Featuring original presentations staged through the efforts of The Cyborg Players — a somewhat stiff group of actors overcoming their synthetic voices’ limitations to deliver their unique brand of human irony. Continue reading
Some fifteen years into the Internet’s emergence onto our lives, we are informing and being informed at a rate that was inconceivable prior to our connection to this digital network. As kids growing up in the seventies we fantasized about the all-knowing, all-powerful computer to which we’d just inquire for answers to pretty much everything.
So now we’ve thoroughly inquired of the great machine. Some have tried to engage it sexually, if not just find a date. Others have practiced varieties of digital alchemy whereby cleverly programmed computer code, or portals established for gathering yet more information, has led to untold riches if not merely new strategies for paying the rent. Antipodes for Anthropoids continued here
No one is about to deny that our way of life, particularly from an economic standpoint is, at best, currently in a sort of holding pattern. At worst, many are in a real hurtbag — foreclosure, lost job — the spigot for money has slowed to a pathetic trickle — the water is murky — no one really knows the size and weight of the dominoes in play. (A little bit of that ancient and current literary genre: doom porn, but can not help.)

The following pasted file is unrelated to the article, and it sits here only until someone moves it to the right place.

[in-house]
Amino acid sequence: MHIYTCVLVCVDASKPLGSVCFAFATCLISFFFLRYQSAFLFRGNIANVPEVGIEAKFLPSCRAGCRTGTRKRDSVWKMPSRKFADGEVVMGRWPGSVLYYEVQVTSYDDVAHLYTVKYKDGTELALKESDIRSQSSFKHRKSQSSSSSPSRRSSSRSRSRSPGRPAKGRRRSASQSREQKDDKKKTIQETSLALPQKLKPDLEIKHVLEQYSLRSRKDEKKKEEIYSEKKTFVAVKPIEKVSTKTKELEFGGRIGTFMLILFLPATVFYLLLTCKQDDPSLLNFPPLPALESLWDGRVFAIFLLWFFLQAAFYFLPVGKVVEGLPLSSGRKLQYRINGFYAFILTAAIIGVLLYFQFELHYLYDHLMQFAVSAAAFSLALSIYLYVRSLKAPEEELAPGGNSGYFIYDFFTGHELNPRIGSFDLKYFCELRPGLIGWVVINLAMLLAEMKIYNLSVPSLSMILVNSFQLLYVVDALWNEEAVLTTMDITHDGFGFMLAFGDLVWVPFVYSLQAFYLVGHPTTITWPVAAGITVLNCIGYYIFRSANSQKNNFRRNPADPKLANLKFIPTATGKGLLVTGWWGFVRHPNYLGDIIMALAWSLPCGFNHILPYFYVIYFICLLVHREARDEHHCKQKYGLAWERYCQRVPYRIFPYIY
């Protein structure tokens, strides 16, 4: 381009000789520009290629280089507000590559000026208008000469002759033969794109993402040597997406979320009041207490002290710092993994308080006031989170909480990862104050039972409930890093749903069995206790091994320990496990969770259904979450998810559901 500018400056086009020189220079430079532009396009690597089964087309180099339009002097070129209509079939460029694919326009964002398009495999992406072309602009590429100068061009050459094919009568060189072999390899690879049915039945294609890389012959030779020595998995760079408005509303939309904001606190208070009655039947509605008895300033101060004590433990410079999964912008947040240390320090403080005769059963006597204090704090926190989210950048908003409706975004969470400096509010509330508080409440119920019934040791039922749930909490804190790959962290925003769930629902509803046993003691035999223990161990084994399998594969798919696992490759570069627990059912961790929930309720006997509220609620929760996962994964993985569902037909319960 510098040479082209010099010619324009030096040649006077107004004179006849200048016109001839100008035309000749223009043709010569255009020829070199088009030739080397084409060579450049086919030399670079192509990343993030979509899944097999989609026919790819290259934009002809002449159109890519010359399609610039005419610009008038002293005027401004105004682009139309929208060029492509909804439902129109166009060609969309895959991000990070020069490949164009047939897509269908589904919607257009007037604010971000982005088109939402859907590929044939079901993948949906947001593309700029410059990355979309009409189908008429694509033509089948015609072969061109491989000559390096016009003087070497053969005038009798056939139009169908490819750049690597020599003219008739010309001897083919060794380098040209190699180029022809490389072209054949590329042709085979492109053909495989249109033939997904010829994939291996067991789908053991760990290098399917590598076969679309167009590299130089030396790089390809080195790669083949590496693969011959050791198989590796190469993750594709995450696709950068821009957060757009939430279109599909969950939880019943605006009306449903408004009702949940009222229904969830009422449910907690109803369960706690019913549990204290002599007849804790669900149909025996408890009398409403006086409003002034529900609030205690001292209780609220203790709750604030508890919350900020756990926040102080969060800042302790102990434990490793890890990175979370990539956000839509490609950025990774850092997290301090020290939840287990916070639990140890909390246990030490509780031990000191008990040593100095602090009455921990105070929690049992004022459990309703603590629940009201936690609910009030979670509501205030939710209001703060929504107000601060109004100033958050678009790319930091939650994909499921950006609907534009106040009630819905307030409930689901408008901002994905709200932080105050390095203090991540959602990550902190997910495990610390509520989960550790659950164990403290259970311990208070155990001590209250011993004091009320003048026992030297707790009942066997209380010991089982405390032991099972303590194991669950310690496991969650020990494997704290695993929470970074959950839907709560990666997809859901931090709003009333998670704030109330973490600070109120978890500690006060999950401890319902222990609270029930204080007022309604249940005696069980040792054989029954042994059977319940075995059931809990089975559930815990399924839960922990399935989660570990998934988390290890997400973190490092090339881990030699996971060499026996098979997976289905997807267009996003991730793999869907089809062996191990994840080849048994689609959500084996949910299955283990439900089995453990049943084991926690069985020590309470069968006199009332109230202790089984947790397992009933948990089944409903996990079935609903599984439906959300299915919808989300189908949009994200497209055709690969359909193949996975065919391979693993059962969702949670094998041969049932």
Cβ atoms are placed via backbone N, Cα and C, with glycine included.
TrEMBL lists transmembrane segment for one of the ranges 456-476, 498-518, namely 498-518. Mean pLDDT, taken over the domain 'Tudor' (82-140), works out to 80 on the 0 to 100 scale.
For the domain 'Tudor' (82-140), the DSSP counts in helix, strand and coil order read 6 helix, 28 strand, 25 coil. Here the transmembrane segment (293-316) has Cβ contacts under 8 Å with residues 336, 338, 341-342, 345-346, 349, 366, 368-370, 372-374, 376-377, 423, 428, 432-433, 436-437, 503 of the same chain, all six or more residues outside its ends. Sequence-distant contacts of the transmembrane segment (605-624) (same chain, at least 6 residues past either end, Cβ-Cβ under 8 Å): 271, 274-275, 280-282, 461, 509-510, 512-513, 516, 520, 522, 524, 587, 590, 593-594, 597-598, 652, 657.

And yet, as a nation that has feasted on the planet’s wealth for the past sixty years or so (in addition to the prouder American tradition of actually producing wealth), we have a store of resources, both human and material, that is certainly in our favor. cont’d here
Hey! Isn’t that numbnuts staring at his reflection again?--some Greek person
(The following ideas are largely borrowed from an essay by Marshall McLuhan entitled: The Gadget Lover: Narcissus as Narcosis, appearing as Chapter 4 of his book: Understanding Media: The Extensions of Man (1st Ed. McGraw Hill, NY, 1964; reissued MIT Press, 1994, with introduction by Lewis H. Lapham; reissued by Gingko Press, 2003 ISBN 1-58423-073-8). Likewise, McLuhan interprets the ideas of medical researchers Hans Selye and Adolphe Jonas, Lewis Mumford, and William Blake — He also said the Virgin Mary provided intellectual guidance — and if you can’t borrow from her, who can ya?)
Narcissus comes from the Greek word narcosis, or numbness.
Narcissus did not actually fall in love with himself, contrary to popular interpretation.